Thursday, February 11, 2016

For Your Heart

With Valentine's Day upon us, I figured I'd offer a post centered on ways to help your heart... with or without a valentine. As my father stated in Second Attempts, being the member of a social unit, be it a relationship, family or friendship can keep us in good mental health which can lead, by proxy, to physical benefits. But solitude has its own place in the world (as expressed nicely by Idalia Candela's illustrations for Bored Panda: seen here) and we can do things on our own every day to keep our hearts in good shape.

My stepmother, Janet Long, served as a Cardiology Nurse Practitioner and Clinical Lipid Specialist for around twenty-five years before her retirement. During her tenure, she saw a lot of patients in a lot of scenarios and learned a lot of things, particularly regarding a healthy diet. Herein she writes about the Mediterranean diet, a form of eating very close to my own heart and something I've been meaning to write about for awhile. Enjoy!

Mediterranean Diet

The Mediterranean Diet was first introduced in the late 1950’s when it was observed that people living in southern Europe had less coronary heart disease mortality.  Since that time, there have been numerous studies that support the cardiovascular benefits of this diet including current guidelines for the primary prevention of stroke. (1) 

February is “Heart Month” and a good time to look at the benefits of diet on the cardiovascular system.  Numerous trials including two landmark studies, Prevención con Dieta Mediterránea (PREDIMED) trial (2) and the Lyon Diet Heart Study (3) have shown significant benefits.  The PREDIMED trial was a primary prevention (those without any known history of cardiovascular disease) trial that showed a 30% reduction in vascular events in those participants following the Mediterranean style diet.  The Lyon Diet Heart Study was a secondary prevention study (those with known cardiovascular disease) that showed a 72% reduction in cardiovascular events in the Mediterranean style diet group compared with the control group who followed a Western style diet. 

The Mediterranean Diet consists of:

·         Daily:

o   Cheese, yogurt, olive oil, fruits, beans, legumes, nuts, vegetables, whole grain bread, pasta, rice, couscous, barley, other whole grains and potatoes.  Drink large amounts of water.  Wine in moderation.

·         Weekly

o   Sweets, eggs, poultry, fish

·         Monthly

o   Red meat in small portions

The Mediterranean Diet is not a homogenous nutritional model.  There are varied cultures in the Mediterranean basin with different traditions and dietary habits that result in a wide variation of dietary patterns.  The benefits of the Mediterranean Diet are thought to come from a high consumption of plant based foods and olive oil.  Additionally the benefit of omega-3 polyunsaturated fat from fish and green leafy vegetables and legumes is important. (3)  High amounts of vitamin C, vitamin E, beta carotene, glutathione, phytoestrogens, and phytochemicals from green leafy vegetables, phenolic compounds from wine and olive oil all contribute to the antioxidant and anti-inflammatory benefits and thus a reduction in the coronary vascular disease.  (4)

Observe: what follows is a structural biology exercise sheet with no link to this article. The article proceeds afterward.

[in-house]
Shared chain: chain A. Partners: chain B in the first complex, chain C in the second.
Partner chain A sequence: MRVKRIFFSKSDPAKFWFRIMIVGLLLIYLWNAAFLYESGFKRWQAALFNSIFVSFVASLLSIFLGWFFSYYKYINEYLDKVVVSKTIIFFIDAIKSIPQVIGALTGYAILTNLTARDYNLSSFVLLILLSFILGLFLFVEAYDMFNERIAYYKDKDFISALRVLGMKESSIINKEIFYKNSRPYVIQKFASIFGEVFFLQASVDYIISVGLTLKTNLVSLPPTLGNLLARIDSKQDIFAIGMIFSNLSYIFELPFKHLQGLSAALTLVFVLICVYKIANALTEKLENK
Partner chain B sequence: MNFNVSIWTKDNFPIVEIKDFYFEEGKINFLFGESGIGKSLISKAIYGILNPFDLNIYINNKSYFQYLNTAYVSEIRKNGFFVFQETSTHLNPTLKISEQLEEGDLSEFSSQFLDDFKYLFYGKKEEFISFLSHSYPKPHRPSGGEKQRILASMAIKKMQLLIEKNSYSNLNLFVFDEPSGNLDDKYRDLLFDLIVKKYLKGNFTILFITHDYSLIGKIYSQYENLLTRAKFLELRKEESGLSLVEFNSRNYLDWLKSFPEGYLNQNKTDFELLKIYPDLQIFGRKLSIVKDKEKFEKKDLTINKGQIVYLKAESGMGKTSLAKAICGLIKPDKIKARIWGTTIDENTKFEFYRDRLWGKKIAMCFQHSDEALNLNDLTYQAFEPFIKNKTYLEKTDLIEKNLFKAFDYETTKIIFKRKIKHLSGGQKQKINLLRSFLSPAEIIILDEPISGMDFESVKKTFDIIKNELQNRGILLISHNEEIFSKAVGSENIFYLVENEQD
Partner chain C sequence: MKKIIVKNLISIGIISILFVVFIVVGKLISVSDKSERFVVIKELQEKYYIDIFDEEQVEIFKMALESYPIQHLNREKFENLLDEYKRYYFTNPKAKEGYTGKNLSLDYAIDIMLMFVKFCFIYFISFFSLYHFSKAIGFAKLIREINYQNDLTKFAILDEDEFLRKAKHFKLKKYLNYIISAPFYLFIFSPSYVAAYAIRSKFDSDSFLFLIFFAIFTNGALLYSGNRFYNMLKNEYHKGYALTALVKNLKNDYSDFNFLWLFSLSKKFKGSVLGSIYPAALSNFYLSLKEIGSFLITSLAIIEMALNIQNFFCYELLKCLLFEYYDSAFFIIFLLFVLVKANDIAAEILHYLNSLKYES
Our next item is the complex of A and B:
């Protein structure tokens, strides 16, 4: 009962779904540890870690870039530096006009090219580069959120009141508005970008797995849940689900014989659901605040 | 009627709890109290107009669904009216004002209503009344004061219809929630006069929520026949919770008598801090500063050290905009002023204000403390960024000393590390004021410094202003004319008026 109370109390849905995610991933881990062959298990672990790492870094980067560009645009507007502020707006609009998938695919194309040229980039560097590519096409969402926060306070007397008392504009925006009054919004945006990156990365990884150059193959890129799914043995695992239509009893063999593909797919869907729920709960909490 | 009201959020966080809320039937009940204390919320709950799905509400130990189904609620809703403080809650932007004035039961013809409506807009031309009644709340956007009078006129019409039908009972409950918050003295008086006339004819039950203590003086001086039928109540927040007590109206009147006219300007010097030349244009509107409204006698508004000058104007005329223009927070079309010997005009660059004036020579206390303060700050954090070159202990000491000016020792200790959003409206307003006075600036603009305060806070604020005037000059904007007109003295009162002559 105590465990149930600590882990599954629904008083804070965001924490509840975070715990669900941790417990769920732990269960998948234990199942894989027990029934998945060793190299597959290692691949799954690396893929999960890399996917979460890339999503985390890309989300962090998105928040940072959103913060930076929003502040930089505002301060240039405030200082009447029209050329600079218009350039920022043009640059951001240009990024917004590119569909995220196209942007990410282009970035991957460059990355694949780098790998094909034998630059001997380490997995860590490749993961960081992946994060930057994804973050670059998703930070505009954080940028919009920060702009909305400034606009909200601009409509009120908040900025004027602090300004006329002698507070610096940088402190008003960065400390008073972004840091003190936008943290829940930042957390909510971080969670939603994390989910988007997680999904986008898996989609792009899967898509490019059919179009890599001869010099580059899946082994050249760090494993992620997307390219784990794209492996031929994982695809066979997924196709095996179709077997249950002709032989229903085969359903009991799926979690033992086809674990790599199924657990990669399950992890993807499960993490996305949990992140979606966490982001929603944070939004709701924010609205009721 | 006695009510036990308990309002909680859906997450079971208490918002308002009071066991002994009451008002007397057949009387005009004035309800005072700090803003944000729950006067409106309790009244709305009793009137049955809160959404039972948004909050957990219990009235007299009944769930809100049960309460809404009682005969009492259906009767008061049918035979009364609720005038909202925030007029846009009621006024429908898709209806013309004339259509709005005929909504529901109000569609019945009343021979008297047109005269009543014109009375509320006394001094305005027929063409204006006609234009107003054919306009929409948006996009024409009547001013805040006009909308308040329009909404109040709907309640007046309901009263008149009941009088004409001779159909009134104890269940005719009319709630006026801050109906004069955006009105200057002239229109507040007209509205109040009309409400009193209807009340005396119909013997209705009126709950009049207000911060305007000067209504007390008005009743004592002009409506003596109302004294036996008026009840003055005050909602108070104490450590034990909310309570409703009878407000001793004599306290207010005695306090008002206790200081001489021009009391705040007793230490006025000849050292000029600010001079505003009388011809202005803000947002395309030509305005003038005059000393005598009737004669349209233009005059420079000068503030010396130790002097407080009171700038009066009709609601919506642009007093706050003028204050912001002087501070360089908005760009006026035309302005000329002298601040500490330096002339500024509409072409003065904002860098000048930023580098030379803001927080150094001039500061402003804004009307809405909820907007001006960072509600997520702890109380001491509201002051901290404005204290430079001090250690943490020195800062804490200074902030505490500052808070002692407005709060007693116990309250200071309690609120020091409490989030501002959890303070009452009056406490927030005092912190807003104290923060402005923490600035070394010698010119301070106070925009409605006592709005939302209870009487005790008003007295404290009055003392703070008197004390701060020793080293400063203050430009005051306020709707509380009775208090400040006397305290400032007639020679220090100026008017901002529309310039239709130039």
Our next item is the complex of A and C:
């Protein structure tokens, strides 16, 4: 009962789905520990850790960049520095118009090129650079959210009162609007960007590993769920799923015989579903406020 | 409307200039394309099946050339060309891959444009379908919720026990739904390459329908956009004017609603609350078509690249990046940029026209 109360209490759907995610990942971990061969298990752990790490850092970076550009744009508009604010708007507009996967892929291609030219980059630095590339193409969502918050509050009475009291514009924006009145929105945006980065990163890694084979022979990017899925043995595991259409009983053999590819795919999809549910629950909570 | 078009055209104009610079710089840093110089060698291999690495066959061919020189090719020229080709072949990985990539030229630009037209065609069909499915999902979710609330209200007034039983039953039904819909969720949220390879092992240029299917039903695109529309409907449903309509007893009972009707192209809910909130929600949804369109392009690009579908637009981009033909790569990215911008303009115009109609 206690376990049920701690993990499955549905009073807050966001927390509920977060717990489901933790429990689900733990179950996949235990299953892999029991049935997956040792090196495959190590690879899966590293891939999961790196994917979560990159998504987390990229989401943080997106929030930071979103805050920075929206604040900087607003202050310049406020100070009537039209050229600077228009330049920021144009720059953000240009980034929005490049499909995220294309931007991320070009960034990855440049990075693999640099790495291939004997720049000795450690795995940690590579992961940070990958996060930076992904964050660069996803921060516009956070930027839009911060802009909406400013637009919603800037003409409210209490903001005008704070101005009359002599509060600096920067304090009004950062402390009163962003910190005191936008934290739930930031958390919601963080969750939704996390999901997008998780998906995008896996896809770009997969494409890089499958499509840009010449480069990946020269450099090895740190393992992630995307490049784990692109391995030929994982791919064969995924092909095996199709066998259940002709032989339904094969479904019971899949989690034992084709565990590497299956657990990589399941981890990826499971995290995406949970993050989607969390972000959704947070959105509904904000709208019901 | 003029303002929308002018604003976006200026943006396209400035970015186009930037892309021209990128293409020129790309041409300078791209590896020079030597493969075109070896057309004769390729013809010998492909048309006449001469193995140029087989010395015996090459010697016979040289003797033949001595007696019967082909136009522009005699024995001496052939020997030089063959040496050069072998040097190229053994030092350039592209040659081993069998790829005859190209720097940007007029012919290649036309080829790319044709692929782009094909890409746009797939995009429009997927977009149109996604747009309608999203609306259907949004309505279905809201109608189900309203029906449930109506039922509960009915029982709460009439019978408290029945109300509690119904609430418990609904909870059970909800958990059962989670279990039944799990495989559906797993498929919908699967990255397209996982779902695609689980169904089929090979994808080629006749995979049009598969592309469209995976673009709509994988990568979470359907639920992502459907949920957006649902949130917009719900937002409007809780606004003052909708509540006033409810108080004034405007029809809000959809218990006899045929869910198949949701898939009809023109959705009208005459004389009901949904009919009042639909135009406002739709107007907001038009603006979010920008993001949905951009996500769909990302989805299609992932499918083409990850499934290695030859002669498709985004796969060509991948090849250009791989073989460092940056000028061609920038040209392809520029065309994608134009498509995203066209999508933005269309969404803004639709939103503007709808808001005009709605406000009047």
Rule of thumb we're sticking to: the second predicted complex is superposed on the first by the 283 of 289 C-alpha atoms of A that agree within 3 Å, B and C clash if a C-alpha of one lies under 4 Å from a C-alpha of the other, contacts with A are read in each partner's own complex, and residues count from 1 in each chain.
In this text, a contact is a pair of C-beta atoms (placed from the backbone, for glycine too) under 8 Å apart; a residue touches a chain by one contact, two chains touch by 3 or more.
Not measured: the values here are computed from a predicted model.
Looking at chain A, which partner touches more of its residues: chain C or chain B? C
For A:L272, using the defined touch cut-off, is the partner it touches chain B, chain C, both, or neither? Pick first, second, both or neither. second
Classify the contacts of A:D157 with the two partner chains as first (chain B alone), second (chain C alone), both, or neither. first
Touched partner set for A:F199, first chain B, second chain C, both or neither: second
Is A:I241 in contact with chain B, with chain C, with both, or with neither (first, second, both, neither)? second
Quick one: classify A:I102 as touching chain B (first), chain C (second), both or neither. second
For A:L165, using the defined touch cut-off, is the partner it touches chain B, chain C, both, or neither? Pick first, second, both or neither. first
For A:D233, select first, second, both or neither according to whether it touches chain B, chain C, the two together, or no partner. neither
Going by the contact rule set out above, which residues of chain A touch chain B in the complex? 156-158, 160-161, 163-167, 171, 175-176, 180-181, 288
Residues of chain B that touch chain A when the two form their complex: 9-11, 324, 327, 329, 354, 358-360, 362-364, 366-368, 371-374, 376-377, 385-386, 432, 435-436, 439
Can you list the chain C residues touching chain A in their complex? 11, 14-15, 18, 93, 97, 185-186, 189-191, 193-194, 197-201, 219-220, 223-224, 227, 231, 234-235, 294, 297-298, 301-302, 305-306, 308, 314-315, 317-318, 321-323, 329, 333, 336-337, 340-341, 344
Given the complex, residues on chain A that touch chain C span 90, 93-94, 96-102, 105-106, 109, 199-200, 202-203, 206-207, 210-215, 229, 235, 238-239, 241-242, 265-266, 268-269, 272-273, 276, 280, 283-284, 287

Inflammation is an enemy to the vascular system, specifically the endothelium, the lining of the arteries throughout the body.  When the endothelium becomes inflamed, it does not dilate or relax normally, and it becomes porous and fatty deposits are able to invade the endothelium. In simplistic terms, this begins the process of cardiovascular disease.  So a diet that is low in saturated fat, high in omega-3 fatty acids, rich in antioxidants fiber and vitamins, has been shown over decades to decrease the inflammatory process and protect the blood vessels.


1. Meschia JF, Bushness C, Boden-Albala B, et al. on behalf of the American Heart Association Stroke Council, Council on Cardiovascular and Stroke Nursing, Council on Clinical Cardiology, Council on Functional Genomics and Translational Biology and Council on Hypertention.  Guidelines for the Primary Prevention of Stroke: A Statement for Healthcare Professionals From the American Heart Association/American Stroke Association.  Stroke. 2014; 45:3754–3832

2.   Estruch R, Ros E, Salas-Salvadό J, et al; on behalf of the PREDIMED Study Investigators. Primary prevention of cardiovascular disease with a Mediterranean diet. N Engl J Med 2013; 368: 1279-90.

3.   De Lorgeril M, Salen P, Martin JL, Monjaud l, Delaye J, Mamelle N. Mediterranean diet, traditional risk factors, and the rate of cardiovascular complications after myocardial infarction: final report of the Lyon Diet Heart Study.  Circulation 1999; 99: 779-85.

4.  Simopoulos AP, Visioli F. World Review of Nutrition and Dietetics Mediterranean Diets. Vol.87. New York. Karger. 2000.

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